Caution needed when considering emerging methods for monitoring beach pollution

Jul 09, 2013

A team of researchers, led by scientists at the University of Stirling, has developed guidance to help policy makers evaluate new methods for monitoring levels of microbial pollution in bathing water.

The guidance, published this week, points to the need for caution when considering any future shift away from the current methods used to measure bathing - methods which are legislated for in the EU Bathing Water Directive (2006).

The researchers created the guidance as part of an 18-month research project funded by the Natural Environment Research Council (NERC), entitled 'Delivering healthy water: building the science-policy interface to protect bathing water quality'.

The guidance was developed through the establishment of a working group, bringing together scientists from the Universities of Stirling, Aberystwyth and Lancaster as well as representatives from a consortium of stakeholder organisations, including Defra, Surfers Against Sewage, the Environment Agency, UK Water Industry Research and SEPA. It also involved wider collaboration with 37 international experts from across Europe and the USA.

The project's lead investigator, Dr David Oliver from Stirling's School of Natural Sciences says: "The EU Bathing Water Directive is a piece of legislation people can relate to, which can impact on tourism and local economies and which is well publicised through beach award schemes.

"However, it also generates a number of interesting debates across the scientific, regulatory and policy communities – one being the suitability of methods currently used to determine microbial water quality at bathing beaches."

Across the UK, environmental agencies monitor pollution at beaches from sources like sewers and animal faeces to identify whether levels of certain in the water indicate an increased risk of infection or illness to .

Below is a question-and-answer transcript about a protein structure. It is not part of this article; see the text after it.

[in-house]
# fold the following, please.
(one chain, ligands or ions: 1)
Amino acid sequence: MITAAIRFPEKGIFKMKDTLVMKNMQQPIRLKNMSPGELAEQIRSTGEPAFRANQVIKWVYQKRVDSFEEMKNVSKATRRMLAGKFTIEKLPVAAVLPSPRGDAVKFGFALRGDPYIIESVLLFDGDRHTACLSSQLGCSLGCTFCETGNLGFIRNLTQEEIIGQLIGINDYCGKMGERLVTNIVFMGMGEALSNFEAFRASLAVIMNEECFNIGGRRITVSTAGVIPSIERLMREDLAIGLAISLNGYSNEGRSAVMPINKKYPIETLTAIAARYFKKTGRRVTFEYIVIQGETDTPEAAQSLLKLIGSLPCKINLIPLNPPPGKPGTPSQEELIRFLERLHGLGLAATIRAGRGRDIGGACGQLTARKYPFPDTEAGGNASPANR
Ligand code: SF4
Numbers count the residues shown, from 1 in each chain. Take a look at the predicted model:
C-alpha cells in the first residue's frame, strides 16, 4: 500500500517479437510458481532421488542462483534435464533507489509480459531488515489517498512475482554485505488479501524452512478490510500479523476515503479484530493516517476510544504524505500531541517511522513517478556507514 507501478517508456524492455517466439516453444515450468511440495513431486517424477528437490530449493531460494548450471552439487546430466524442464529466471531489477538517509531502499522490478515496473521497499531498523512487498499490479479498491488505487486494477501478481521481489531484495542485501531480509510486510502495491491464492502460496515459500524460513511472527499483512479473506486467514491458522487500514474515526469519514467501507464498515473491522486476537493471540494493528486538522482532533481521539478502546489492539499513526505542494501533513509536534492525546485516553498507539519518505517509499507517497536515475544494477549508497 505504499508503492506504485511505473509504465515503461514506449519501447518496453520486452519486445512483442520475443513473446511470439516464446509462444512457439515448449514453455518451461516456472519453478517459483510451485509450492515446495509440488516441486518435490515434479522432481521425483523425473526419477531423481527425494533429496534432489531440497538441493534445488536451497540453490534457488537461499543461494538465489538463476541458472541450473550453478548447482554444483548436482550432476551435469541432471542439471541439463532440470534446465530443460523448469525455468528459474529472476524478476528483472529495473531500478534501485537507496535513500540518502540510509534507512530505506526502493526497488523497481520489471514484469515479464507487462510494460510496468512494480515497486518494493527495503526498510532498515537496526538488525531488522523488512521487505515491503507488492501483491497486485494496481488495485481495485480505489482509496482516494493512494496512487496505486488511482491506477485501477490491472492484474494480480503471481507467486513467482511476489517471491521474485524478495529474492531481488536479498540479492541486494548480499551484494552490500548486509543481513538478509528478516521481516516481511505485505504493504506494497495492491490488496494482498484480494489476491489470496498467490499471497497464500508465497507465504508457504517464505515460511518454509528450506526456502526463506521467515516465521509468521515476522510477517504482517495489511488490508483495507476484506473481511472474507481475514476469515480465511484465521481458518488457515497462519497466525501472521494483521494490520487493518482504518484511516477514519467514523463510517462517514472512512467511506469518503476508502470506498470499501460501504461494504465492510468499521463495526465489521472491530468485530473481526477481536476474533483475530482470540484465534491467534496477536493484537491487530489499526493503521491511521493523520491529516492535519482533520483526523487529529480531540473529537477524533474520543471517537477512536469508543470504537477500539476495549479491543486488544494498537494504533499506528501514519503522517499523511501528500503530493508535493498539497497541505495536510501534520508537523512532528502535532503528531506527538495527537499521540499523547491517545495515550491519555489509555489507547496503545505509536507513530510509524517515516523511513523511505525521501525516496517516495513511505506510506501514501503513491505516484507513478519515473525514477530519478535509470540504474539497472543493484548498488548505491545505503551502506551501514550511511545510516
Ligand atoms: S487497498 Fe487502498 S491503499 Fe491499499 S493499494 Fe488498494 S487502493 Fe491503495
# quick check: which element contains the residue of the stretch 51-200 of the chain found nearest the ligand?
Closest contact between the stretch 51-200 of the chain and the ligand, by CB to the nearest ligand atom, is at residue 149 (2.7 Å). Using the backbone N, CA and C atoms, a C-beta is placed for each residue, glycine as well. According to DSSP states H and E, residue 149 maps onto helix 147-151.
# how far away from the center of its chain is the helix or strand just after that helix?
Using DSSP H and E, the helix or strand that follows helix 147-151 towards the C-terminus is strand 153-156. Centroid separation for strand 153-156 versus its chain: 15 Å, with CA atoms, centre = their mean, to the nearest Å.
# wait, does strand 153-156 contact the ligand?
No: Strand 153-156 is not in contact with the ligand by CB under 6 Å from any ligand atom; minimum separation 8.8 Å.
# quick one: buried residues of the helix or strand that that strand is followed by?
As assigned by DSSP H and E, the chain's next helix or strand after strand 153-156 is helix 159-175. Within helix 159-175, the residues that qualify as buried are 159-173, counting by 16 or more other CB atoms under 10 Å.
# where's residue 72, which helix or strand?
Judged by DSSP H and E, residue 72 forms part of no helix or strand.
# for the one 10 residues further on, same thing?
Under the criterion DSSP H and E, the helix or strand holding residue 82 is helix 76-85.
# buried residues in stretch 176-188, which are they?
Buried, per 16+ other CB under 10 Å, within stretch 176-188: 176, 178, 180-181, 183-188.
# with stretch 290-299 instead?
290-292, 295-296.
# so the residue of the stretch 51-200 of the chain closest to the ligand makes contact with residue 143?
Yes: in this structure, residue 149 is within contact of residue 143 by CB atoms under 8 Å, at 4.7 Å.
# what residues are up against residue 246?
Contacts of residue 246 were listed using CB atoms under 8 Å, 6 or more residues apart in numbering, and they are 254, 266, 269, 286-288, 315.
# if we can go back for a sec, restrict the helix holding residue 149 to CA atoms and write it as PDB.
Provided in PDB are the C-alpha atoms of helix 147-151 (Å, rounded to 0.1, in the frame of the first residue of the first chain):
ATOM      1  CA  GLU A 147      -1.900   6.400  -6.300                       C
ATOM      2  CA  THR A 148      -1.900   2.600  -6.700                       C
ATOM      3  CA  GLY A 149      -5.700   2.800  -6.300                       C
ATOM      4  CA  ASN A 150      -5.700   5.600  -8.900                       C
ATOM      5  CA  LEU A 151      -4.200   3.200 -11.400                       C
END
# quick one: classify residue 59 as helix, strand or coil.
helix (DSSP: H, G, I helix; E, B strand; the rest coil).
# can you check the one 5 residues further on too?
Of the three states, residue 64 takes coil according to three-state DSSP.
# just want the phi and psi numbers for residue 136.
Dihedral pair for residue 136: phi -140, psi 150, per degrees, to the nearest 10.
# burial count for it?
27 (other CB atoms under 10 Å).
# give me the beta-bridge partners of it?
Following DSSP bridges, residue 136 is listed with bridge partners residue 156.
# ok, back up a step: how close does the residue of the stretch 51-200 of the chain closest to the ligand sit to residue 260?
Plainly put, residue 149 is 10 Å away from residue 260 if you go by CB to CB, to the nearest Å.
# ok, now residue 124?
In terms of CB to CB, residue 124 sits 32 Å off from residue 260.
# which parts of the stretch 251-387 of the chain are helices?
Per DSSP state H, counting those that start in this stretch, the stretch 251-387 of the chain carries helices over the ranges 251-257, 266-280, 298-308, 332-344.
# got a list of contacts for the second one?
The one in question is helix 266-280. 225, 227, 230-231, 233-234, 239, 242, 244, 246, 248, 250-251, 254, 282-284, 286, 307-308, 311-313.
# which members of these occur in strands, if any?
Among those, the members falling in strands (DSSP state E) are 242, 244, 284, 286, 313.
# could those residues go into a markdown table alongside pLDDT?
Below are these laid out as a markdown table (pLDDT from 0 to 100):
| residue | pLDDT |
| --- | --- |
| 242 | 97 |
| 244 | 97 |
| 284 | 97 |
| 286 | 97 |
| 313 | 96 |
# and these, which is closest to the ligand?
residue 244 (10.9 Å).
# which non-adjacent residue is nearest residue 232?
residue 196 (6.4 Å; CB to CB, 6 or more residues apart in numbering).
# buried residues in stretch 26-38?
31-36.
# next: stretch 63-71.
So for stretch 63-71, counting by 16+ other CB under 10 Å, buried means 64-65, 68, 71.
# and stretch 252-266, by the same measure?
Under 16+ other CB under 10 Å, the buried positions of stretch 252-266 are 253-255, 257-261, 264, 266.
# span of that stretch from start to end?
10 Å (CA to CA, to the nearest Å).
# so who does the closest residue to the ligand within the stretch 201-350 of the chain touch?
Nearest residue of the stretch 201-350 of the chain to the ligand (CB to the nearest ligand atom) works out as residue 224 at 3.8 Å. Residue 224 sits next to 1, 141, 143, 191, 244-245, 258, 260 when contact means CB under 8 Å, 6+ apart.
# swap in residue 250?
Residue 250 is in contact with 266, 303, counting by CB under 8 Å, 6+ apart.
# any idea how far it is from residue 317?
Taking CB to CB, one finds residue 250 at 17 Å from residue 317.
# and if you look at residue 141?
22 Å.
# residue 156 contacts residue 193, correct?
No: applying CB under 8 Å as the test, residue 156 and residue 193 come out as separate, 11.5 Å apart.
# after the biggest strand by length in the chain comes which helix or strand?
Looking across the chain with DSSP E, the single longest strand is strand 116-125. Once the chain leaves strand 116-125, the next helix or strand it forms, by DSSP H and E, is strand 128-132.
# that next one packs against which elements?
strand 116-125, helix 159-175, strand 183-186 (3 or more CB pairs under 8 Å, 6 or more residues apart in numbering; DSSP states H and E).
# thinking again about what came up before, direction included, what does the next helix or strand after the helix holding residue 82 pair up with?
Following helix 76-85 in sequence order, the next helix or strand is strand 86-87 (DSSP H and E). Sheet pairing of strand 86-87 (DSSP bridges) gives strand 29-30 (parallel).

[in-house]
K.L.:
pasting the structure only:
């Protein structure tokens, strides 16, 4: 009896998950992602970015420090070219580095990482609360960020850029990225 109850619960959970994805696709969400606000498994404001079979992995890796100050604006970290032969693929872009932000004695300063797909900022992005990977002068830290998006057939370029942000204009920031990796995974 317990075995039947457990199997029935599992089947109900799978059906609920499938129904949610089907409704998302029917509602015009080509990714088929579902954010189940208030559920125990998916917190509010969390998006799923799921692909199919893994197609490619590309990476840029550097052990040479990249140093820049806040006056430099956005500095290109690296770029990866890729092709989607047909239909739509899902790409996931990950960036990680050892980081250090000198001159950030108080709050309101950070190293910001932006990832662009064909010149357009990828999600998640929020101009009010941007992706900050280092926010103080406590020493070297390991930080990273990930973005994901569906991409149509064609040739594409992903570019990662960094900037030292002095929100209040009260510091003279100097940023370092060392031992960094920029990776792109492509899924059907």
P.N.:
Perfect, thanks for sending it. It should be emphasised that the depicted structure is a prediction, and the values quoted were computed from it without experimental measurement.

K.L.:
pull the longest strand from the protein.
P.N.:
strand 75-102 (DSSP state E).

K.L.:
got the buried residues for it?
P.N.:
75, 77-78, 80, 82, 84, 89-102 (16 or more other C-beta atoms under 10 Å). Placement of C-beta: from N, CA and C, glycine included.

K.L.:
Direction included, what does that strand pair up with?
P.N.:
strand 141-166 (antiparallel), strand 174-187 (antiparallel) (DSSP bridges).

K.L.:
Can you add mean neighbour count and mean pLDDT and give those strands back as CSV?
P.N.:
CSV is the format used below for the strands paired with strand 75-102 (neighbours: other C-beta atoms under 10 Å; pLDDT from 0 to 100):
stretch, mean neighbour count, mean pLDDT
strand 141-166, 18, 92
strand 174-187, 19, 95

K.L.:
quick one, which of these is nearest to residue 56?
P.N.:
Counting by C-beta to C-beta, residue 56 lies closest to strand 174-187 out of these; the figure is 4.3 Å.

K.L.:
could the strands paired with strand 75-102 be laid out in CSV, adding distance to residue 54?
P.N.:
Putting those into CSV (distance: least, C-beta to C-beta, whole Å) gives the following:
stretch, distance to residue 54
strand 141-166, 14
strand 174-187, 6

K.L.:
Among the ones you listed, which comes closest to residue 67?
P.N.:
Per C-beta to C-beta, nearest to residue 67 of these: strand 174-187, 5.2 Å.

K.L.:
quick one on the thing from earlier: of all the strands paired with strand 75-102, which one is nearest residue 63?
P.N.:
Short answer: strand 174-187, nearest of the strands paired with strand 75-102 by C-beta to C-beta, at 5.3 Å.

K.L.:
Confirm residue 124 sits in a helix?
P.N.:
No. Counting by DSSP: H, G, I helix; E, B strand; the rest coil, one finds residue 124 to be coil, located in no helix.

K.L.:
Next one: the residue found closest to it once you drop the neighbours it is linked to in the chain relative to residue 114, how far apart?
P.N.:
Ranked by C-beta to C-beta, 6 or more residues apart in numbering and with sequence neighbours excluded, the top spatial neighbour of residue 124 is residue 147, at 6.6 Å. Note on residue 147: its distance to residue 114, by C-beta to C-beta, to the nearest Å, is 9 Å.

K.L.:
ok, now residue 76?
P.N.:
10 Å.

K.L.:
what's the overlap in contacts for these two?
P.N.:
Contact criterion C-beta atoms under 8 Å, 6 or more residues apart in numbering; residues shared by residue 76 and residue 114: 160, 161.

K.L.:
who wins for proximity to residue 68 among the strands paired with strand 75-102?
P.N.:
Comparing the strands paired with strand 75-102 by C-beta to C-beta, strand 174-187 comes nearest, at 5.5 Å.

The current approach to quantifying pollution at designated bathing waters is based on growing bacteria on an agar plate and takes approximately 24 to 28 hours, but newer methods using molecular capability have the potential to provide results more rapidly.

Dr Oliver says: "The newer quantitative molecular tools offer a much faster approach. However, the reason why existing policy frameworks around the world are based on slower, traditional culture-based methods, is that these methods are underpinned by rigorous science, reproducibility of results and an epidemiological evidence-base.

"Any transition from 'tried and tested' to 'emerging and novel' approaches, without a coordinated exchange of knowledge among different stakeholders, science providers and users, and without proper consideration of the advantages and limitations, would reinforce rather than bridge the science-policy divide."

He adds: "This project gave us scope to establish an international cross-disciplinary network, to examine current and emerging technologies and debate the risks and benefits of any future transition in the methods used in the EU.

"Our working group comprised a diverse cross section of the scientific community, stakeholder groups and science users, so the guidance created is representative of a comprehensive range of positions, views, knowledge and expertise".

The University of Stirling's Dr Melanie van Niekerk, Knowledge Exchange facilitator on the project says: "The newer molecular approaches are yet to offer a silver bullet to the measurement of microbial water quality.

"However the guidance we have produced, in the form of briefing papers and a Decision Making Framework, will help policy makers enormously - by providing them with an invaluable toolkit for supporting debate around the suitability of emerging technologies and potential policy change, and identifying the range of possible impacts for the public and coastal communities."

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